Roma Travel Journal - Day 14
VIM teams can be a perfect mix of gifts. The challenge is to listen enough and get to know each other so those gifts bubble up and can be offered at the appropriate time. The team member I introduce today is Kathy – who knows computer technology. It’s easy to miss what Kathy might offer because she’s quiet and unassuming. She’s one of the two Mission Ambassadors for WPA, and will co-lead a class at WPA Mission u. Kathy has mentored me in setting up a spreadsheet to track our expenses.
Logistically, each country has provided different lessons. The credit card has been the way to go on this journey. On some trips to developing nations in Africa and Latin America, I’ve carried thousands of dollars in clean bills to pay our debts along the way. In some of those countries, US dollars did not need to be changed into the country currency; they had become the country currency.
Maybe because of the influence and assistance of the European Union, what I experienced in this part of the world years ago (no credit cards, no checks, no loans from banks) has now moved to ATM machines in all towns – wherever there is a bank, and many stores and gas stations with credit card terminals. Each country sets a limit on how much cash can be withdrawn from a machine each day, so that has required a little advance planning and withdrawal. We’ve moved from Euros (1 Euro = $1.32 US$) in Austria and Slovakia (both in the European Union) to leva (1 leva = .67 US$) in Bulgaria (in the European Union), and to dinar (1 Serbian dinar = .0119 US$, just a little over a cent) in Serbia (not in the EU).
It will be interesting to see my credit card statement when we return home – to finish out the spreadsheet of expenses.
Our distribution list for those receiving these emails has continued to expand. Bless my husband’s heart – when I ask him to add someone else, he takes the trouble to send all the emails to the new person. Latest addition is Dick Arnold, Consultant, Eastern Europe and Balkans for GBGM. Without the contacts Dick provided, this trip would not have happened. He provided the name of an “In Mission Together” IMT Coordinator for each country, and those folks set things up for us. Lenka, in Slovakia, is a full time English teacher in University. When she had arranged calendar and places, she passed us off to Svetlana who finished details and hosted us. Daniel Topalski is actually the District Superintendent in Bulgaria (and pastor of a church. He set up details and put us in the care of Tsetso, a 29-year-old seminary student who interpreted drove us everywhere, and very ably answered our questions. Finally, Liljana is the IMT Coordinator for Serbia. She has set up our schedule, hosted us in the church apartment, cooked our meals, and interpreted for us. She and her husband, Janko have driven us around in two church cars.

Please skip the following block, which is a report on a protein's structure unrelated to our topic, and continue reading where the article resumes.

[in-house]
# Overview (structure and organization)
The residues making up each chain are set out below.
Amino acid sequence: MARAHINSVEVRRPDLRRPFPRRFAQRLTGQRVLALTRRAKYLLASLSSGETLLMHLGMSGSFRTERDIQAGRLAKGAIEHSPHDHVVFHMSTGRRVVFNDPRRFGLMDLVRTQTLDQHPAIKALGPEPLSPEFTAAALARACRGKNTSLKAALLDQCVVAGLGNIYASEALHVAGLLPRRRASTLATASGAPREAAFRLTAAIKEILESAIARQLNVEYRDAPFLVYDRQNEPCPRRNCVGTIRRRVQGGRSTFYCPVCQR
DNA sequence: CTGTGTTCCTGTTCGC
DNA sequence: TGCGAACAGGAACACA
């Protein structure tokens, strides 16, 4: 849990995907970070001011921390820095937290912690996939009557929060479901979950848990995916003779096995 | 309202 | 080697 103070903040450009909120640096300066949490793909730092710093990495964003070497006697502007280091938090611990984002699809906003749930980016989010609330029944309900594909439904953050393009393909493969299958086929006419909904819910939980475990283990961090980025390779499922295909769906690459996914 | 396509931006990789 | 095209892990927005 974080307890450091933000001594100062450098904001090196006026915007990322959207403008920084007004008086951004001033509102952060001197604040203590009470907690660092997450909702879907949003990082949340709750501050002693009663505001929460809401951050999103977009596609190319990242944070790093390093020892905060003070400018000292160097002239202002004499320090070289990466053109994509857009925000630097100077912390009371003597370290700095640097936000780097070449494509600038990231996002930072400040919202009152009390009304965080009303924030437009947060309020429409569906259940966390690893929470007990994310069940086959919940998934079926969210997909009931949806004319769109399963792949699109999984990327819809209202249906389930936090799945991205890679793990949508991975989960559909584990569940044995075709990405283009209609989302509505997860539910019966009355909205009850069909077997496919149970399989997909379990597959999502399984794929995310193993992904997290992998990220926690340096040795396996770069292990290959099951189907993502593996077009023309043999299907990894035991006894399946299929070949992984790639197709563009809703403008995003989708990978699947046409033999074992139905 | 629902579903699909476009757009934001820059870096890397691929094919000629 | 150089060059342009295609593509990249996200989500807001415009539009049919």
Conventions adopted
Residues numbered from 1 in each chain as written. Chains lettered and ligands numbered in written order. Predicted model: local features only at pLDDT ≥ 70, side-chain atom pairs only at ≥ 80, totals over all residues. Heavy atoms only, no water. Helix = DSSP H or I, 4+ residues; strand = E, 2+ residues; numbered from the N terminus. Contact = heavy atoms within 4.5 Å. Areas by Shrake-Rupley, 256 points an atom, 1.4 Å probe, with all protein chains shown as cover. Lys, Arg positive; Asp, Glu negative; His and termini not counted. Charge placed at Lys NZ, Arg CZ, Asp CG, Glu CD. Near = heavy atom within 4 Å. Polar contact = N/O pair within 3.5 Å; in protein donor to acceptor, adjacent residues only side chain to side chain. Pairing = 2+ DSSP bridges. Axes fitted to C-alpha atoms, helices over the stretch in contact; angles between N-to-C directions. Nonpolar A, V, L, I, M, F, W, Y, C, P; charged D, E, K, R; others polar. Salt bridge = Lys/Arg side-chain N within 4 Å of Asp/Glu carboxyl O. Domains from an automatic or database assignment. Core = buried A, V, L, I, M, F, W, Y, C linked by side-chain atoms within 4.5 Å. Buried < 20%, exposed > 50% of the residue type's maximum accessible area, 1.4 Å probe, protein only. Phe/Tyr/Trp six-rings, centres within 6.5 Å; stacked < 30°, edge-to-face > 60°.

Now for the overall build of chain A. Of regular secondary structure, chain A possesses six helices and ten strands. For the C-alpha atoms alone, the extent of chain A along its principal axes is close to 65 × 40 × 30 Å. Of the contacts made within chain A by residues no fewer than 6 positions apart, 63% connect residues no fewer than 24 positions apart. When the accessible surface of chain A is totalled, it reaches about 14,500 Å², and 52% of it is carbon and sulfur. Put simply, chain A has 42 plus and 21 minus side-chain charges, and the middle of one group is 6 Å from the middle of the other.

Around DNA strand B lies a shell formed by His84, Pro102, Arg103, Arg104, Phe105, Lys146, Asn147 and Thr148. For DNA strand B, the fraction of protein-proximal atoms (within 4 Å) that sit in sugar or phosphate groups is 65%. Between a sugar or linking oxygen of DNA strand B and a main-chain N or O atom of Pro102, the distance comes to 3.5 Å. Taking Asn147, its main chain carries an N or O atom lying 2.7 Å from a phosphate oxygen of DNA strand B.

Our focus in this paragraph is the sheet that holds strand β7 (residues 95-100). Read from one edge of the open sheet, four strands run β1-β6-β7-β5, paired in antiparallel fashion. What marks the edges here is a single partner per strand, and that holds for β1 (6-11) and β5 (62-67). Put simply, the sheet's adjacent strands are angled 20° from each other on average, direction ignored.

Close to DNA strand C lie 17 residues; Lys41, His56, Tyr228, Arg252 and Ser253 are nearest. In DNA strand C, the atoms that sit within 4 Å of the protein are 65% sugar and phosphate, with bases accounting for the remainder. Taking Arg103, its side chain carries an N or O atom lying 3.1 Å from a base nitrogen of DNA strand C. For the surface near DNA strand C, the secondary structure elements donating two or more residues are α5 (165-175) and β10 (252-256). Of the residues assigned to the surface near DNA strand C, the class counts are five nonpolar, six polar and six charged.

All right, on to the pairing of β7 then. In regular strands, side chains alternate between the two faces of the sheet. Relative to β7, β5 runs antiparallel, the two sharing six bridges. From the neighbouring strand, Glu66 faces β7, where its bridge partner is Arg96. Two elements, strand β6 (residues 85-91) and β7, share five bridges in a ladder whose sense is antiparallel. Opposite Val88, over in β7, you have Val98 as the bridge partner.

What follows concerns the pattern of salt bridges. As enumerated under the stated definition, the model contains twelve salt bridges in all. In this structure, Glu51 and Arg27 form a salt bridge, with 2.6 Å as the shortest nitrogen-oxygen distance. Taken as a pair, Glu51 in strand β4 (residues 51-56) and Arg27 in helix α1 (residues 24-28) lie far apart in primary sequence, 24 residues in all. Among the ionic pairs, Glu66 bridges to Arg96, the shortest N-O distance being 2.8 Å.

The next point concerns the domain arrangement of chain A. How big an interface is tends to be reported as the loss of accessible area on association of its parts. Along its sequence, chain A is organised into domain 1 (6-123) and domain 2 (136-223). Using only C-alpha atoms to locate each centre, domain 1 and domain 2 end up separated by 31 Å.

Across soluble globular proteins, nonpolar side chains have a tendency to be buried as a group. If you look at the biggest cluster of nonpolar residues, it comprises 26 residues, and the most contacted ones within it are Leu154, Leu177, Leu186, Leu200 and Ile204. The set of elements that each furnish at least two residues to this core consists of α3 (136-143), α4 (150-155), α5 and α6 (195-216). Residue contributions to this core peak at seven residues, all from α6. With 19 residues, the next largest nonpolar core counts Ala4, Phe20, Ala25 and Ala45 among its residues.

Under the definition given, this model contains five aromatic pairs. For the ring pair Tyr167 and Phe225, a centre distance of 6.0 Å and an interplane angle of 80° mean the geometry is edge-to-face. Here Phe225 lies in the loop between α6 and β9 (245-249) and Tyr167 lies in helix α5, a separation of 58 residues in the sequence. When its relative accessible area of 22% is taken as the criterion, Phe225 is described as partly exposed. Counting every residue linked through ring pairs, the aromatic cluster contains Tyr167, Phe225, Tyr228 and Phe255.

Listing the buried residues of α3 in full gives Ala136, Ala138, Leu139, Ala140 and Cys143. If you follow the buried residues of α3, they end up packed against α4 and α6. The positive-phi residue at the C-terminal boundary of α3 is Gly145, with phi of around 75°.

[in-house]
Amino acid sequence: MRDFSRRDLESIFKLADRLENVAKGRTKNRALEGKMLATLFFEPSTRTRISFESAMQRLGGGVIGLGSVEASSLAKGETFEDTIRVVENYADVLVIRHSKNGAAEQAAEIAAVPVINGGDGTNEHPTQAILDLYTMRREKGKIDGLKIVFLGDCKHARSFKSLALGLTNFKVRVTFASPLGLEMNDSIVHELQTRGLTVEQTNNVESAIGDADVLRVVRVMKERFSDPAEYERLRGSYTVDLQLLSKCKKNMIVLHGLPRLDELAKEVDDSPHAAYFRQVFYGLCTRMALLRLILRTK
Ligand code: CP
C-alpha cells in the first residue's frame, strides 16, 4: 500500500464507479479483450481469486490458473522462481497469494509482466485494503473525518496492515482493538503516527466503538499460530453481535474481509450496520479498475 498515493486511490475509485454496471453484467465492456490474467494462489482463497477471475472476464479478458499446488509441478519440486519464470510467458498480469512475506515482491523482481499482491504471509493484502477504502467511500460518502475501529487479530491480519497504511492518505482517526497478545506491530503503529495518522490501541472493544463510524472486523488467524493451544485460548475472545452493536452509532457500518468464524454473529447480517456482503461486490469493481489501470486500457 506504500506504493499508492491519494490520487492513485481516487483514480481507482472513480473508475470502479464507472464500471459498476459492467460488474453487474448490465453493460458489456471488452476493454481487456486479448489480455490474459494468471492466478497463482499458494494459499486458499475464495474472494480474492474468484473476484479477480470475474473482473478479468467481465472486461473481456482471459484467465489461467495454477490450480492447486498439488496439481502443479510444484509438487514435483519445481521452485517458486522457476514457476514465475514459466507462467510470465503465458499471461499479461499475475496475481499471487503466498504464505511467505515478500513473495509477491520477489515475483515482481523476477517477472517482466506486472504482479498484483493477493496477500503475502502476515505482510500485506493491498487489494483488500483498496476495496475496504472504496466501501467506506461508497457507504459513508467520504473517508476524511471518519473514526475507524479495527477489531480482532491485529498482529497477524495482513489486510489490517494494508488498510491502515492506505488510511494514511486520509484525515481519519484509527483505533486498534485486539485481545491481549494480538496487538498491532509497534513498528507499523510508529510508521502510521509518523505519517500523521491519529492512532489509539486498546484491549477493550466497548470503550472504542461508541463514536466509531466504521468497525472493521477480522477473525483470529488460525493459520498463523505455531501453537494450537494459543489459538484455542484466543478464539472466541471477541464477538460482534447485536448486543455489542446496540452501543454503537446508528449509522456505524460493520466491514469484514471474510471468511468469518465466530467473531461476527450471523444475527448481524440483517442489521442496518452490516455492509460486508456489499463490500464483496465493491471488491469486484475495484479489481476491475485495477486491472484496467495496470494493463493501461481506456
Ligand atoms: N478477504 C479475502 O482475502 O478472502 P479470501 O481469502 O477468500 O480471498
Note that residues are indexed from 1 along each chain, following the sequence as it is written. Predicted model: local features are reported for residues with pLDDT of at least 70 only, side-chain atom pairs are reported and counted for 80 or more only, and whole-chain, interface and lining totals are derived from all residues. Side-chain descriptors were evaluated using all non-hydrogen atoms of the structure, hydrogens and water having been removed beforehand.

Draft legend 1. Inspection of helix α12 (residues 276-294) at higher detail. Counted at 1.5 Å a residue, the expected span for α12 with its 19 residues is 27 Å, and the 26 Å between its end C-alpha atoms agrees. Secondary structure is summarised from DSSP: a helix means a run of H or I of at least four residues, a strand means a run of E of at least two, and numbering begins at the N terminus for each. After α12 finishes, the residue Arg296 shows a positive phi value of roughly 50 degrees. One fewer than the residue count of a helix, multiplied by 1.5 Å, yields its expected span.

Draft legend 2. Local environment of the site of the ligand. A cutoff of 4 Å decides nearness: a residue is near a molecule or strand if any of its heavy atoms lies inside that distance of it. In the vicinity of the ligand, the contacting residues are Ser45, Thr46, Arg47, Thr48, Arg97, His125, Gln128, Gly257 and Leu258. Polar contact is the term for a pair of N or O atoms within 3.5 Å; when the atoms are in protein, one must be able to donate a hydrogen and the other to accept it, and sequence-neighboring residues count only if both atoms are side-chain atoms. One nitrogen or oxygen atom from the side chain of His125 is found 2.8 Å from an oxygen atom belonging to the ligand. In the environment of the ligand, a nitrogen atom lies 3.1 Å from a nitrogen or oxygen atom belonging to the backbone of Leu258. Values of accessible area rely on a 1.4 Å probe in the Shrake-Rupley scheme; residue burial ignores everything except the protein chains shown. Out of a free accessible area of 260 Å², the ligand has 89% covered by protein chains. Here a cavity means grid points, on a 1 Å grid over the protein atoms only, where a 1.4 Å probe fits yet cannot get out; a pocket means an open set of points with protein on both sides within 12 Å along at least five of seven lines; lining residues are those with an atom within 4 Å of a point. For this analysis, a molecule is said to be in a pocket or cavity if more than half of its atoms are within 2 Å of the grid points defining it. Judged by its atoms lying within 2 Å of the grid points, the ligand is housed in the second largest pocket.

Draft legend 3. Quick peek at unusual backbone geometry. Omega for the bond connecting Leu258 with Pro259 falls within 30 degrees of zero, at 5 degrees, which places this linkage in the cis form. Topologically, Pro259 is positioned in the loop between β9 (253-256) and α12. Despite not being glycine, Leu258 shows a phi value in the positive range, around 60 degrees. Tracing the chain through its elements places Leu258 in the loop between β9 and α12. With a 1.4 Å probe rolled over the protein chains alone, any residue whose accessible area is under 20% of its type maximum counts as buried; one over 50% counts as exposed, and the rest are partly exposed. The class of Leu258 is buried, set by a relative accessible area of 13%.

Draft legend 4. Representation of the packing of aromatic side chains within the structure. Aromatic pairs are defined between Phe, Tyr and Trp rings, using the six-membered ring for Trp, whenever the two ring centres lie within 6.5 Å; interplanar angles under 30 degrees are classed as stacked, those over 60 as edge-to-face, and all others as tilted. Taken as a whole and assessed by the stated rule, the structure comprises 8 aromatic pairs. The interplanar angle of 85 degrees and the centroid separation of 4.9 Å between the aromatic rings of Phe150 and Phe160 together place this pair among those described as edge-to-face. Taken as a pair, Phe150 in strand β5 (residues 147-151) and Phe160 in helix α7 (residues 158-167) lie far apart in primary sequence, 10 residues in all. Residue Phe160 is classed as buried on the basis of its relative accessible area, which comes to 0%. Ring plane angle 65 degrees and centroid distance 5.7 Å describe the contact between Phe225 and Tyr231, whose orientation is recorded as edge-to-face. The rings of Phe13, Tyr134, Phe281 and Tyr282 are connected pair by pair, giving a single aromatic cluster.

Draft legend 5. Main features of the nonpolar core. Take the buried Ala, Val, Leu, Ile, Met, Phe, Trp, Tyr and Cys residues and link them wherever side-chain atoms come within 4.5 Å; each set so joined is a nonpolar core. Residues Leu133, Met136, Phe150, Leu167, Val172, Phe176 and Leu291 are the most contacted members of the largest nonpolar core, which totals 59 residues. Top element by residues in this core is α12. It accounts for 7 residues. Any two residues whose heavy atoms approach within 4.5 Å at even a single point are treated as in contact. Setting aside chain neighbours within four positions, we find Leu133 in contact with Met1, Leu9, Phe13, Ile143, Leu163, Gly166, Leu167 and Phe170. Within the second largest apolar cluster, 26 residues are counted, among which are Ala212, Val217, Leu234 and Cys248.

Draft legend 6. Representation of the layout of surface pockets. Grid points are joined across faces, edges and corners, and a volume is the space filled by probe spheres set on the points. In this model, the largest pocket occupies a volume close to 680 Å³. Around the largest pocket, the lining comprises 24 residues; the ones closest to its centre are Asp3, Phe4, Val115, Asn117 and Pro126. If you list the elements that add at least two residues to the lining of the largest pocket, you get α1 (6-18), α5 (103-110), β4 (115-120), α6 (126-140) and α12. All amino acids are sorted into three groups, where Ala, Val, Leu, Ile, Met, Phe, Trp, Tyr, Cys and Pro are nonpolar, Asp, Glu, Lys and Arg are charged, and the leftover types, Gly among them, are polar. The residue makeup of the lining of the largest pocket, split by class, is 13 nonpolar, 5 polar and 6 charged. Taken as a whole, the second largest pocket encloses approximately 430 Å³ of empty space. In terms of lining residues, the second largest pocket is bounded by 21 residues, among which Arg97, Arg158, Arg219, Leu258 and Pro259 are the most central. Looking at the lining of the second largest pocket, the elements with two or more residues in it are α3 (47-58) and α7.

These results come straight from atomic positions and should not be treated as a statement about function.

We are amazingly connected in the United Methodist Church. The first attached picture is of Johanna, the young pastor’s wife who tried to help me with bus and train information as I was planning this trip. She didn’t know me; I didn’t know her; Rev Laura Trent in Tennessee was connecting us as she also tried to help me plan a trip to countries I had never visited. The meeting today was rather accidental as Liljana took us to meet Vladimir, the pastor of an old German UMC in Vrbas. Vladimir’s wife, Johanna mentioned she had tried to help an American with information on train schedules last month, I realized this was the young friend of Laura, and I was the American. We never would have discovered this without a conversation around a kitchen table. We’ve had many conversations in the last three weeks – building relationships happen that way.
Our last visit with a Roma congregation today brought more conversation. Katarina, the Roma pastor had lost her mother a few months ago and was still wearing black. She continued the stories of poverty and racism. It’s overwhelming – especially when I wonder what response will come when we return home to share our experience with American United Methodists. We’ve occasionally been asked by people here why we would study the Roma when we don’t have very many gypsies in the US. I can imagine we’ll be asked the same question by United Methodists in the US. I appreciate John Wesley’s statement that the world was his parish – not just England, or Africa, or South America or North America, but the world. The Roma children will be hard to forget.
We are wrapping things up here and have given away all the materiel we brought for crafts and gifts. We have very little to take home in the way of souvenirs. Our hosts kept us quite busy visiting people, projects and congregations. It seems like we’ve been gone for months – immersing ourselves in the Roma of Europe. Time to come home…
Share this on